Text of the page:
- Late-19th-Century Literature
Poetry and prose by African American artists take center stage amid this year's scholarship. A special issue devoted to the works of Paul Laurence Dunbar provides a welcome contribution to our understanding of the period, while the number of books on women's writings attests to the growing prominence of artists such as Frances E. W. Harper and Pauline Hopkins. As a genre, journalism receives more that its usual share of attention, as does poetry by writers such as Sarah Piatt. Stephen Crane, Charles Chesnutt, and Charlotte Perkins Gilman attract less attention than usual this year, though their works still inspire significant scholarship. Frank Norris and W. D. Howells attract their normal share of attention, while Sarah Orne Jewett's critical stock seems to be in decline.
i African American Literature
A 2006 conference marking the centenary of Dunbar's death provides the occasion for a special issue of AAR devoted to the appreciation and analysis of his work. A handful of essays stand chiefly as personal meditations on Dunbar's influence in poetry and prose. Among these and the more critically oriented contributions, questions related to genre, masks, and audience are never far from consideration, beginning with Joanne M. Braxton's opening essay, "Dunbar, the Originator" (41: 205–13). Braxton argues for never forgetting the figure of Dunbar found at the center of his work while acknowledging and accepting that "uncertainty, mystery and doubt" can often mark both his writings and [End Page 281] the scholarship about him. Lillian S. Robinson and Greg Robinson in "Paul Laurence Dunbar: A Credit to His Race?" (41: 215–25) trace the reception of Dunbar's works, emphasizing the differences often evident between white and black cultural worlds. Introducing a discussion of the particular genres within which Dunbar worked, Nadia Nurhussein's "Paul Laurence Dunbar's Performances and the Epistolary Dialect Poem" (41: 233–38) interprets his use of epistolary conventions and voicing in his dialect poems as a way for the poet to reconfigure radically his relationship to audience. Nurhussein demonstrates that Dunbar's use of the form was not an empty capitulation to audience stereotypes but rather a subtle and complex exercise in broadening inquiry into the appropriateness and possibility of rendering speech and hence literacy through dialect writing. Taking up another subcategory of verse, Marcellus Blount's "Paul Laurence Dunbar and the African American Elegy" (41: 239–46) chronicles his initiation of an elegiac mode that is both part of a longer tradition and creates something new for future generations of African American poets. In "Paul Laurence Dunbar and the Genres of Dialect" (41: 247–57) Michael Cohen offers a contextualizing analysis of Dunbar's dialect verse, emphasizing how assumptions about race, genre, and Dunbar's own strategic exploitation of these assumptions made for a complex set of cultural artifacts. Michele Elam's "Dunbar's Children" (41: 259–68) explores his poetry for and about children, arguing that the poet reconfigures a "generation of black youth who are not eternally fixed in their childhood but, rather, can, like other children, grow up to be fully enfranchised men, women, and citizens." Jennifer Terry's "'When Dey 'Listed Colored Soldiers': Paul Laurence Dunbar's Poetic Engagement with the Civil War, Masculinity, and Violence" (41: 269–75) looks closely at both standard English and dialect poetry about the Civil War, arguing that Dunbar's work allows for the shaping of a sustained critique of racial injustice while giving voice to an African American experience in war not otherwise found in literature.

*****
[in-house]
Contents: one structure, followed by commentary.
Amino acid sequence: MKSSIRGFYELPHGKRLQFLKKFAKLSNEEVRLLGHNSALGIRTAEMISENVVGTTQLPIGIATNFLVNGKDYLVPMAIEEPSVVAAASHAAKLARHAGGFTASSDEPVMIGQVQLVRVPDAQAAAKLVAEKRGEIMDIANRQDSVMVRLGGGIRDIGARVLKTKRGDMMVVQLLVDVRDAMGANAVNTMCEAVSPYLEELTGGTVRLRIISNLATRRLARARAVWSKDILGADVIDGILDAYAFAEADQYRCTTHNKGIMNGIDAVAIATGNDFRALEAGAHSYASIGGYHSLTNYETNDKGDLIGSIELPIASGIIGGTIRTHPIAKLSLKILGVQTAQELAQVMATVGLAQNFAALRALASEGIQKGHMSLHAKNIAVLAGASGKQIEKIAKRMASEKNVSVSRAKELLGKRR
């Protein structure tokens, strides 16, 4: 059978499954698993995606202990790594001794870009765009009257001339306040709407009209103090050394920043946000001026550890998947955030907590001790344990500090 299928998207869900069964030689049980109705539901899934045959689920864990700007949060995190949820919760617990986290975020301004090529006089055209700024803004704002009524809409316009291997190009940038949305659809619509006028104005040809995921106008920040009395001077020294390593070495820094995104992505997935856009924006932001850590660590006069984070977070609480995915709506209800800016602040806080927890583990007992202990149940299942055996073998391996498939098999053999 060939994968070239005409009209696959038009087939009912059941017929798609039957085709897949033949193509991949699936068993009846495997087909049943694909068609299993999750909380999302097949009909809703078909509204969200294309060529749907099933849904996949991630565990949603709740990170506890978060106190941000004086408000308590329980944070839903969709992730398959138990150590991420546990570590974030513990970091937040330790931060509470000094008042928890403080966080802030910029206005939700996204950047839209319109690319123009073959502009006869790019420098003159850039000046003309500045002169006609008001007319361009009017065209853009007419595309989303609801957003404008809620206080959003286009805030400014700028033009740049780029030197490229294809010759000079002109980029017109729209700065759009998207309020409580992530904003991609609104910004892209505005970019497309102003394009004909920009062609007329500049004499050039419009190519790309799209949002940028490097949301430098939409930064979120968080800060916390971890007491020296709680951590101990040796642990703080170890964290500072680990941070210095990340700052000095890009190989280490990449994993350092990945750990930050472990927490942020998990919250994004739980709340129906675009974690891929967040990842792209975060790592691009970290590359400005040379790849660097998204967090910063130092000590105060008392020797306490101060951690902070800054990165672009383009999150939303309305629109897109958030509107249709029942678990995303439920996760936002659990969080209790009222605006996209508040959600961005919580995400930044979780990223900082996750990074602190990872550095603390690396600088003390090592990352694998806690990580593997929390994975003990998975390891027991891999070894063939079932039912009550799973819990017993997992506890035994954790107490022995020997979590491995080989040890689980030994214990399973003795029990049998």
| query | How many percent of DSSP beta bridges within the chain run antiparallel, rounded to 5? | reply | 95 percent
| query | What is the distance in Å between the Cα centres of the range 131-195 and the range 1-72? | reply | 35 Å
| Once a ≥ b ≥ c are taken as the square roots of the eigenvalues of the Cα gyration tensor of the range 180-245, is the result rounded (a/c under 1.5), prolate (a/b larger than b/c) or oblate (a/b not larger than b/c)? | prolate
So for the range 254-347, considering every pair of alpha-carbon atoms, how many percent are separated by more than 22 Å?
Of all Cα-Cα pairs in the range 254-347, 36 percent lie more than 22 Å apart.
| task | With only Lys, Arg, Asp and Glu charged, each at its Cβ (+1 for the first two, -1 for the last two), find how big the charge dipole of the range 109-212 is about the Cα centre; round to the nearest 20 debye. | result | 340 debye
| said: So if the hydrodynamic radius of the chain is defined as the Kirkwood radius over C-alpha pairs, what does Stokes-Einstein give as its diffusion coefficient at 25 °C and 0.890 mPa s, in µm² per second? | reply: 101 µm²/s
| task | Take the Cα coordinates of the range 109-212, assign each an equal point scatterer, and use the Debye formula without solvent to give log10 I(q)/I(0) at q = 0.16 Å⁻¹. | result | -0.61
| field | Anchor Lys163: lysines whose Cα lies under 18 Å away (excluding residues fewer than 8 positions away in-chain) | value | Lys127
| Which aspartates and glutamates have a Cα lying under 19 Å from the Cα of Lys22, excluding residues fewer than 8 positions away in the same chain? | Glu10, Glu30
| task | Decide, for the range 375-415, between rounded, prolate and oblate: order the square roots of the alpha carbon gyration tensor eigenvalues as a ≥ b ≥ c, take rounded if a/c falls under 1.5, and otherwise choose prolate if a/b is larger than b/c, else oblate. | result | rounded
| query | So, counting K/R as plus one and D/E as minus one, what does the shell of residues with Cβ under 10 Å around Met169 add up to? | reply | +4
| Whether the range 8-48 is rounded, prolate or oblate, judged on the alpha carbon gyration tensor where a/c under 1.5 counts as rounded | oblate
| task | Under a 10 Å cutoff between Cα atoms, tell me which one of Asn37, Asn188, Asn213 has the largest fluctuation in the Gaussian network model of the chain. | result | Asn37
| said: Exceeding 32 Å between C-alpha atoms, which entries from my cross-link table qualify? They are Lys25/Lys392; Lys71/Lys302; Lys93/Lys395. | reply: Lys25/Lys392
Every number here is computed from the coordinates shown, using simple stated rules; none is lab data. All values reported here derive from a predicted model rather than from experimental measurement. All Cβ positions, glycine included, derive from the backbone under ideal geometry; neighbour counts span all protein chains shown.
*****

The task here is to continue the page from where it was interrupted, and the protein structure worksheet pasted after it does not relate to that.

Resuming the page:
Shifting to considerations beyond Dunbar's poetry, the special issue continues with Gene Andrew Jarrett, "Second-Generation Realist; or, Dunbar the Naturalist" (41: 289–94), which makes a very compelling case for Dunbar's novel The Uncalled as an engagement with the theories of literary naturalism. Another of Dunbar's novels is the subject of Jennifer A. Hughes's "The Politics of Incongruity in Paul Laurence Dunbar's The Fanatics" (41: 295–301). Hughes argues that The Fanatics should be read for its "elements of satire, humor, and incongruity," which render [End Page 282] it highly "critical of incongruous treatment—both in reality and...